The North Park Stockgrowers Association and Western Landowners Alliance hosted a meeting in Walden, Colo., on June 20 for northern Colorado ranchers focused on reducing conflict between working lands and wildlife as naturally migrating wolves are bearing down on the state ahead of an anticipated 200 additional wolves as a result of Proposition 114. The group heard from Cat Urbigkit, a Wyoming producer with years of experience ranching alongside wolves, and agency wildlife managers responsible for wolves in Colorado.
At the event, Western Landowners Alliance distributed “Supporting working lands and wildlife with the 4 C’s: Policy lessons from the Conflict Reduction Consortium.” The memo, produced by the Conflict Reduction Consortium (CRC), a network of ranchers, conservation organizations, state and federal wildlife management agencies and research scientists convened by the Western Landowners Alliance (WLA), calls on policy makers to take action to support thriving rural communities and their working lands and wildlife populations in the American West.
Part of supporting both working lands and wildlife has been complicated recently with all of the radio collars on the wolves breeding in the Walden area failing, leaving the wolves unable to be tracked. This was the situation Urbigkit found herself in on her ranch in Sublette County, Wyoming, a number of years ago. The solution, though effective, relies heavily on the ability to utilize lethal means of control and a tremendous time commitment on the part of the producer.
Depredations were occurring on Urbigkit’s ranch and though one wolf track had been identified, they were unable to capture images of wolves on a series of trail cameras. The local wildlife services trapper, though, had mountain curr dogs and he was able to utilize the dogs to identify brush where the wolves had been. Those areas were marked and when they placed trail cameras at those locations, they were able to capture images and determine the areas the wolves mark. Even now, Urbigkit knows where the wolves, bob cats, and coyotes mark — scent stations or hot spots, as she calls them — and she takes her livestock guardian dogs to those areas to scent mark. She also watches for tracks across roads or hair in a barbed wire fence. She’ll also use plaster to make impressions of tracks to determine how many wolves are present and what they are. This is done daily, year round.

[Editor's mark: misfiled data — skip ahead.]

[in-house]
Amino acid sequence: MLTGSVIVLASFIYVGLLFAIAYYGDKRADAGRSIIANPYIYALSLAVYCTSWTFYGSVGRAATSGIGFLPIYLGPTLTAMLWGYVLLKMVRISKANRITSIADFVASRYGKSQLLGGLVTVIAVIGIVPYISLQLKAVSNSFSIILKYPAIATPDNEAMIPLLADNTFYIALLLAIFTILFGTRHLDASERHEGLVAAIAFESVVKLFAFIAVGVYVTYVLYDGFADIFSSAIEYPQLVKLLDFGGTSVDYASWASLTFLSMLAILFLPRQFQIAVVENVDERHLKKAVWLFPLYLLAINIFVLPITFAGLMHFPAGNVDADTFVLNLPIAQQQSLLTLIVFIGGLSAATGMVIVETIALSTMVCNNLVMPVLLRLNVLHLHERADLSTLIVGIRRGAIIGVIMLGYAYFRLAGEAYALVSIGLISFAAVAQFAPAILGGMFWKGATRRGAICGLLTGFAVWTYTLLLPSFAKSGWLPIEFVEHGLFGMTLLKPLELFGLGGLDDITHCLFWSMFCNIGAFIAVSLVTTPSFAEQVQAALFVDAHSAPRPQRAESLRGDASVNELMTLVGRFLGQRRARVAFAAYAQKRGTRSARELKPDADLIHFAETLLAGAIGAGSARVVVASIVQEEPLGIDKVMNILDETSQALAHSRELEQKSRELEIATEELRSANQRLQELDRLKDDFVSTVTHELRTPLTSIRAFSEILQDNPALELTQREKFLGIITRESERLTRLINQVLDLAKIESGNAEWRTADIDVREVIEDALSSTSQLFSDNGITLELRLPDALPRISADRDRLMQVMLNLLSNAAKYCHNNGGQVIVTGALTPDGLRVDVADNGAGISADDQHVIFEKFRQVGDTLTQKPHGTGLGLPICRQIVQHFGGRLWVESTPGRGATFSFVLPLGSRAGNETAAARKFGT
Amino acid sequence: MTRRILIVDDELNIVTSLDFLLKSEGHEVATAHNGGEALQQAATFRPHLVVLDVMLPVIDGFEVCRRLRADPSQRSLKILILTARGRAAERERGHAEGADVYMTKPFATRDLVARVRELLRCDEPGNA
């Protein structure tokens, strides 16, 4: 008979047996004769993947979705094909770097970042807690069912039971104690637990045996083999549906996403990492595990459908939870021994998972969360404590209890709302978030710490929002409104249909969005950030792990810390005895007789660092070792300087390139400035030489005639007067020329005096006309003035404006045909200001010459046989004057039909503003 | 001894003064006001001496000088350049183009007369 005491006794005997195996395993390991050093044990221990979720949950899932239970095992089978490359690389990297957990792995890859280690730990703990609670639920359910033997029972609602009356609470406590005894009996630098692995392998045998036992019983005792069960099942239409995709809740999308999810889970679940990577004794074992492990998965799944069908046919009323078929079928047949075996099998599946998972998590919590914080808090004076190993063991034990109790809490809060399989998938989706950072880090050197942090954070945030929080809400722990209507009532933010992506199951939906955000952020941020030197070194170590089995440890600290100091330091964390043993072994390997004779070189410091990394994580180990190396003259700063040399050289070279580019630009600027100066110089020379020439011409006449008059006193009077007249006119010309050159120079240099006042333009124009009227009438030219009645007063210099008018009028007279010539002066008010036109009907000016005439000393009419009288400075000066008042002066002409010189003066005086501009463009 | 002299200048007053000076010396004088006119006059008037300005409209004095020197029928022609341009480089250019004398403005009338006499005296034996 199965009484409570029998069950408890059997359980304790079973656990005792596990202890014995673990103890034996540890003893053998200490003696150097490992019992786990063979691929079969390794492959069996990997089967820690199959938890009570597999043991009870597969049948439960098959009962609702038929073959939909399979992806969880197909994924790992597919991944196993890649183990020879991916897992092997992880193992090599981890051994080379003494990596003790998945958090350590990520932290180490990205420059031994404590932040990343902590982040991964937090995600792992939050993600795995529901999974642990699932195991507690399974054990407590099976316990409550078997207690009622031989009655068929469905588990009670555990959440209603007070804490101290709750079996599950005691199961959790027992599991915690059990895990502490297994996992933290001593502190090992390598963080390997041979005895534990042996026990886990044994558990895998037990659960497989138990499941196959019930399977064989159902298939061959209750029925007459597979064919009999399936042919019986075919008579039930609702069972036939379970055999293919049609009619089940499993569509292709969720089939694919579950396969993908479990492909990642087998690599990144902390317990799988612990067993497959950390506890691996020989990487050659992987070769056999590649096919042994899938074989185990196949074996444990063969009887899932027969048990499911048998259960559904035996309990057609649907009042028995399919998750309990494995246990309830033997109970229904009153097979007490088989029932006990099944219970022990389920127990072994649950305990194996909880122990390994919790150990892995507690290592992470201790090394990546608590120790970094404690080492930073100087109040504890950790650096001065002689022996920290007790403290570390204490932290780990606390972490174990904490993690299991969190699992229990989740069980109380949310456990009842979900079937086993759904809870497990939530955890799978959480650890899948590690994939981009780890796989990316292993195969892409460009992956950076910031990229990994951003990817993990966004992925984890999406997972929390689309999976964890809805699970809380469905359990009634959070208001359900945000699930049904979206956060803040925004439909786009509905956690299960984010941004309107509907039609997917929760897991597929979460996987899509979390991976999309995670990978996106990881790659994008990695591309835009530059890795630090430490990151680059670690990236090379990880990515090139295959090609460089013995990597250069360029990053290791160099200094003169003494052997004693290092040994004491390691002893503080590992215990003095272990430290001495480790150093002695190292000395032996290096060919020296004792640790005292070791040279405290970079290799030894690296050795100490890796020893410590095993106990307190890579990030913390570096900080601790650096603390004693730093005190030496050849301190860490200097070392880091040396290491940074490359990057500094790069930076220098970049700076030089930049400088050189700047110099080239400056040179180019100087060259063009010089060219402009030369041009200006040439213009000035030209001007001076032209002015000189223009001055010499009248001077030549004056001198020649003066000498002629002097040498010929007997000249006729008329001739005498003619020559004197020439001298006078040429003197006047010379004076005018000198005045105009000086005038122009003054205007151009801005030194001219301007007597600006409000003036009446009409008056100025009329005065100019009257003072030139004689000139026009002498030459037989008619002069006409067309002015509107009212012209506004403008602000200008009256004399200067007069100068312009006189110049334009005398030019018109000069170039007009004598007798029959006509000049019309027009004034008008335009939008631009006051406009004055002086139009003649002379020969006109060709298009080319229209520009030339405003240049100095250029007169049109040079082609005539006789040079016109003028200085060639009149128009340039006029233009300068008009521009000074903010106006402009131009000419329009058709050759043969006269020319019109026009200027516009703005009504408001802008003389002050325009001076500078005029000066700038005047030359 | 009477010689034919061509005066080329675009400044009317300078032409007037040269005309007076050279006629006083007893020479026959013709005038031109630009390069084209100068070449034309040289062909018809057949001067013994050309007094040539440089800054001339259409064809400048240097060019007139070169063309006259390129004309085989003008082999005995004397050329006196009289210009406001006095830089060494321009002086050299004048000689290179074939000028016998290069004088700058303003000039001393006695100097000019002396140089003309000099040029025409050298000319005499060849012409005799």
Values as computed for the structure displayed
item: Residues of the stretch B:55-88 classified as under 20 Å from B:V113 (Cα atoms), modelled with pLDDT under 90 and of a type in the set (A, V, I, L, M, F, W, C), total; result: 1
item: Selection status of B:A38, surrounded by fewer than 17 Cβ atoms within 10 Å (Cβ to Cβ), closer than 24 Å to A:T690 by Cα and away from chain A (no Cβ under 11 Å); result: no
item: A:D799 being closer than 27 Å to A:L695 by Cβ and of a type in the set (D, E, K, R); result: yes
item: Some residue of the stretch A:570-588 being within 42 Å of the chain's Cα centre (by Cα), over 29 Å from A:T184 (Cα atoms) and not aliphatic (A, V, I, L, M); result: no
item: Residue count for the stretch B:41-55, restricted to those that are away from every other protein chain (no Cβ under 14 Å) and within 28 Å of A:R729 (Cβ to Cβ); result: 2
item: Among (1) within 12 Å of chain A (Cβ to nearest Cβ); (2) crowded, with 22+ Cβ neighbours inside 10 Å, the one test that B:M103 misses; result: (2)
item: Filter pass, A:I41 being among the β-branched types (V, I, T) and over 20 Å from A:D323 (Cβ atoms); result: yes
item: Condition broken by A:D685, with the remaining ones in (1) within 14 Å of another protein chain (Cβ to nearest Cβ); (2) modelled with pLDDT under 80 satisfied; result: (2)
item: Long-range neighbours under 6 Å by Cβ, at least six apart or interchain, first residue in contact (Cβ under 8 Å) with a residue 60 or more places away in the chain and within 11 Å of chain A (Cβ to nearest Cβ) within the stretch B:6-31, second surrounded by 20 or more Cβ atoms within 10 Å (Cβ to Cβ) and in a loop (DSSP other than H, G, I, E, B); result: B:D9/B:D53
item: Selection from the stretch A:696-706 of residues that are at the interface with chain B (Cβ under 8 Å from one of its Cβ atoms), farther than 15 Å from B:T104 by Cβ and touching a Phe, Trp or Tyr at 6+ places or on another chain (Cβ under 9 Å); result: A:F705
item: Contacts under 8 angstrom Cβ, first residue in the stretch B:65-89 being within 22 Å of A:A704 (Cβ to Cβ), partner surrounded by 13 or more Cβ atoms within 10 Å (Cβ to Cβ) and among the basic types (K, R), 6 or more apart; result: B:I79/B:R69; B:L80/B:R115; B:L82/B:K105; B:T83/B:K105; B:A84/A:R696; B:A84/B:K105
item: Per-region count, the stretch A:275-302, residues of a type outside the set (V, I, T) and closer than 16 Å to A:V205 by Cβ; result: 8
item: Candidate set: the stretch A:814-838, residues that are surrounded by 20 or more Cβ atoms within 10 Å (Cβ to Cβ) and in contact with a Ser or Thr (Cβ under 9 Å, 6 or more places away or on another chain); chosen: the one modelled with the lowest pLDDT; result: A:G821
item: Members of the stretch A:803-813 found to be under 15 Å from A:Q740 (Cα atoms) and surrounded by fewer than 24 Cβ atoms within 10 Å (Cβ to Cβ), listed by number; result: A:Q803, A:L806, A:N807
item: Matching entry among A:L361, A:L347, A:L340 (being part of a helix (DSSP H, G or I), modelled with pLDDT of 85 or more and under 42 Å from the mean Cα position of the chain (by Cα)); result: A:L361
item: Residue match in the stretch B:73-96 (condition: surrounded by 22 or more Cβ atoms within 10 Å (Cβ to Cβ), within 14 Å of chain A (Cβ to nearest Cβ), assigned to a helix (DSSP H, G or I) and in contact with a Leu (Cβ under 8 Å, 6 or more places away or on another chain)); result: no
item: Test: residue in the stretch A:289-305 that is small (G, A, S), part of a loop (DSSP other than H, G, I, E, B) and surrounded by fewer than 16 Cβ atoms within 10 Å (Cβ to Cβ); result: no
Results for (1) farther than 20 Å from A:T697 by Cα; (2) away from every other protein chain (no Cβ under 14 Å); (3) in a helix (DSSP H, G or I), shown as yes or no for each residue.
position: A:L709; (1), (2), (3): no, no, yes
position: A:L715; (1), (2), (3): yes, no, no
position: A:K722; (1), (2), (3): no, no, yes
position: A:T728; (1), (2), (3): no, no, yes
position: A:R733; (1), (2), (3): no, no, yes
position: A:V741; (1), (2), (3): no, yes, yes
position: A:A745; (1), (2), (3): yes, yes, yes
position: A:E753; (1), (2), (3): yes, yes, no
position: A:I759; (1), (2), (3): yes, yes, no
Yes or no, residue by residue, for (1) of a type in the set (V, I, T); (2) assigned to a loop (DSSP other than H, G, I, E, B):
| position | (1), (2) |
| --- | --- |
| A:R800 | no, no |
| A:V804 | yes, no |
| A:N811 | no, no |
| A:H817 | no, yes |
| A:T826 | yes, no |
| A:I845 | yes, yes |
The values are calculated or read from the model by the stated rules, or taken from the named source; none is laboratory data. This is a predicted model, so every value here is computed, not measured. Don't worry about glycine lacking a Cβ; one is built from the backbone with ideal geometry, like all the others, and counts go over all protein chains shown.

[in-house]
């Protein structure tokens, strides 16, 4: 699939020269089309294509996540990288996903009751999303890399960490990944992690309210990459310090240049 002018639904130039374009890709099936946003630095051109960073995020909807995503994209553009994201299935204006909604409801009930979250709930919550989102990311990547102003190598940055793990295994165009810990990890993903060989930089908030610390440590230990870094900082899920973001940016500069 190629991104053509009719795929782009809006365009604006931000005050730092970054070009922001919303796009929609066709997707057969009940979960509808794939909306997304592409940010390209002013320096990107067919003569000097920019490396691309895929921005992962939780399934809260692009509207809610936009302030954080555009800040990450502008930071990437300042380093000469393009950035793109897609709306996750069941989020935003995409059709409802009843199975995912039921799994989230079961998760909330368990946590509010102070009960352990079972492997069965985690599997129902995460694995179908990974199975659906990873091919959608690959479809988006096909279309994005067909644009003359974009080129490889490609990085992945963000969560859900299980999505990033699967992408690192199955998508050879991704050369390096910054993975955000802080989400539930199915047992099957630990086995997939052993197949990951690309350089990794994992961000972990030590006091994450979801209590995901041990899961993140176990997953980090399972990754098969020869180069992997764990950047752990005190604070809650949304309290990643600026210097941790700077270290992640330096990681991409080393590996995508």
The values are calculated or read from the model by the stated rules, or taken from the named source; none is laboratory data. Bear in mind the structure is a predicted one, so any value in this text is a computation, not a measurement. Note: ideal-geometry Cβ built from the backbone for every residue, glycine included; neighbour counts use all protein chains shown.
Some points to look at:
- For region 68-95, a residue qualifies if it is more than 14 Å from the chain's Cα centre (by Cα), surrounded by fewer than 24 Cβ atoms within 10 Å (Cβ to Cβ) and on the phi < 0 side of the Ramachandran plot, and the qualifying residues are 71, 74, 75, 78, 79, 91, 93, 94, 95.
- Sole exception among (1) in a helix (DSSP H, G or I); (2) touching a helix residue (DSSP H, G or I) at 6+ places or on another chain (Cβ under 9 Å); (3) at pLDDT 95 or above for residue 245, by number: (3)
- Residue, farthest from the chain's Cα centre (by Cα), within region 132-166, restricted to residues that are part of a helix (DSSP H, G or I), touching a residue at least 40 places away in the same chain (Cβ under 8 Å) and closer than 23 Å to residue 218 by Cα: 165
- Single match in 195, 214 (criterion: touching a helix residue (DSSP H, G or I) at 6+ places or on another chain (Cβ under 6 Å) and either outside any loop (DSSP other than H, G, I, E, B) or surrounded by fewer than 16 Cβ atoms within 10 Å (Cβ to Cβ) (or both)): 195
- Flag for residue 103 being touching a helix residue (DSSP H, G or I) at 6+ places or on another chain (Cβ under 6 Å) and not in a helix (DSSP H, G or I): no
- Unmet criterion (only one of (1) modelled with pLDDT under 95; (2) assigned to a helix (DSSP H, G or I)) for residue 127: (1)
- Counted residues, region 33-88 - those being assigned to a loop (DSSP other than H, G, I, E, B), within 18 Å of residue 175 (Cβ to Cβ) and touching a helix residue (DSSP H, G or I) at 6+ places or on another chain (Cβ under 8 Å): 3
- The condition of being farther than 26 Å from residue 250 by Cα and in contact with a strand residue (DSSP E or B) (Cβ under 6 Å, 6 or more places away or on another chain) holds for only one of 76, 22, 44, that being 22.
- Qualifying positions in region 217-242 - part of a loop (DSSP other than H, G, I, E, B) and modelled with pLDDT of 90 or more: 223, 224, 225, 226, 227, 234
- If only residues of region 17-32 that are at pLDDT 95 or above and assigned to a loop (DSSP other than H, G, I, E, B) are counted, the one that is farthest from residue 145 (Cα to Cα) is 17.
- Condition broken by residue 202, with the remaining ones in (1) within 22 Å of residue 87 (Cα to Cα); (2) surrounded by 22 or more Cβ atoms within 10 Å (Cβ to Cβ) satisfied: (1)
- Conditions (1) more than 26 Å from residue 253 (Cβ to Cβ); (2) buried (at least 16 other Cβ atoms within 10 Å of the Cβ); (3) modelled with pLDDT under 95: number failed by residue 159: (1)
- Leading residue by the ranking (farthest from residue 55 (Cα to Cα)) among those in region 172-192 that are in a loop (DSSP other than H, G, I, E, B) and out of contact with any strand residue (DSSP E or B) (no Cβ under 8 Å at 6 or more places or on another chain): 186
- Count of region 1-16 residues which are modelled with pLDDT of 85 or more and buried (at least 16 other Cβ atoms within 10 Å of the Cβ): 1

Lures, a hole with commercial wolf urine or beaver scent for wolves to dig down to or a pig hide for them to roll on, she said, will hold wolves in front of a game camera longer, without rewarding them. They’ve also used this method alongside leg hold traps in conjunction with local wildlife officials to collar wolves. Having the ability to trap and collar wolves with wildlife agencies on the ranch is helpful as they are able to close the gates and control access to the public.
“Even though we put out signs that say we’re doing active animal damage control with traps, do not enter, we will still have people who will shoot the locks off our gates and drive over our traps, even in the remote part of western Wyoming where I am,” she said. “Because we know those wolves will come back to those scent stations or hot spots, that’s a great place for trapping should the agency need to do that.”
There are five camera traps on the ranch, all with Bushnell E3 cameras, that are affordable. The more expensive cameras that transmit images to a phone are certainly available, she said, but without cell service, it’s unnecessary. Each camera on the ranch has two memory cards marked for that specific camera and each camera is set to take a burst of three still images. As she’s doing other chores, she’ll take one card to review and replace it with an empty card. Cameras are located at hip height on fence posts near the areas identified as scent stations. She also recommends using the date and time stamp on the cameras and carrying extra batteries. She reviews images nightly and documents the images as well as photographing tracks. She uses a calendar to document and that allows her to see trends and anticipate wolf activity.
“The camera images will tell you the minimum number of wolves that you have,” she said.
Once Urbigkit explained this to the crowd of producers, one asked her if this is all she accomplishes daily, noting the incredible number of hours she spends each day.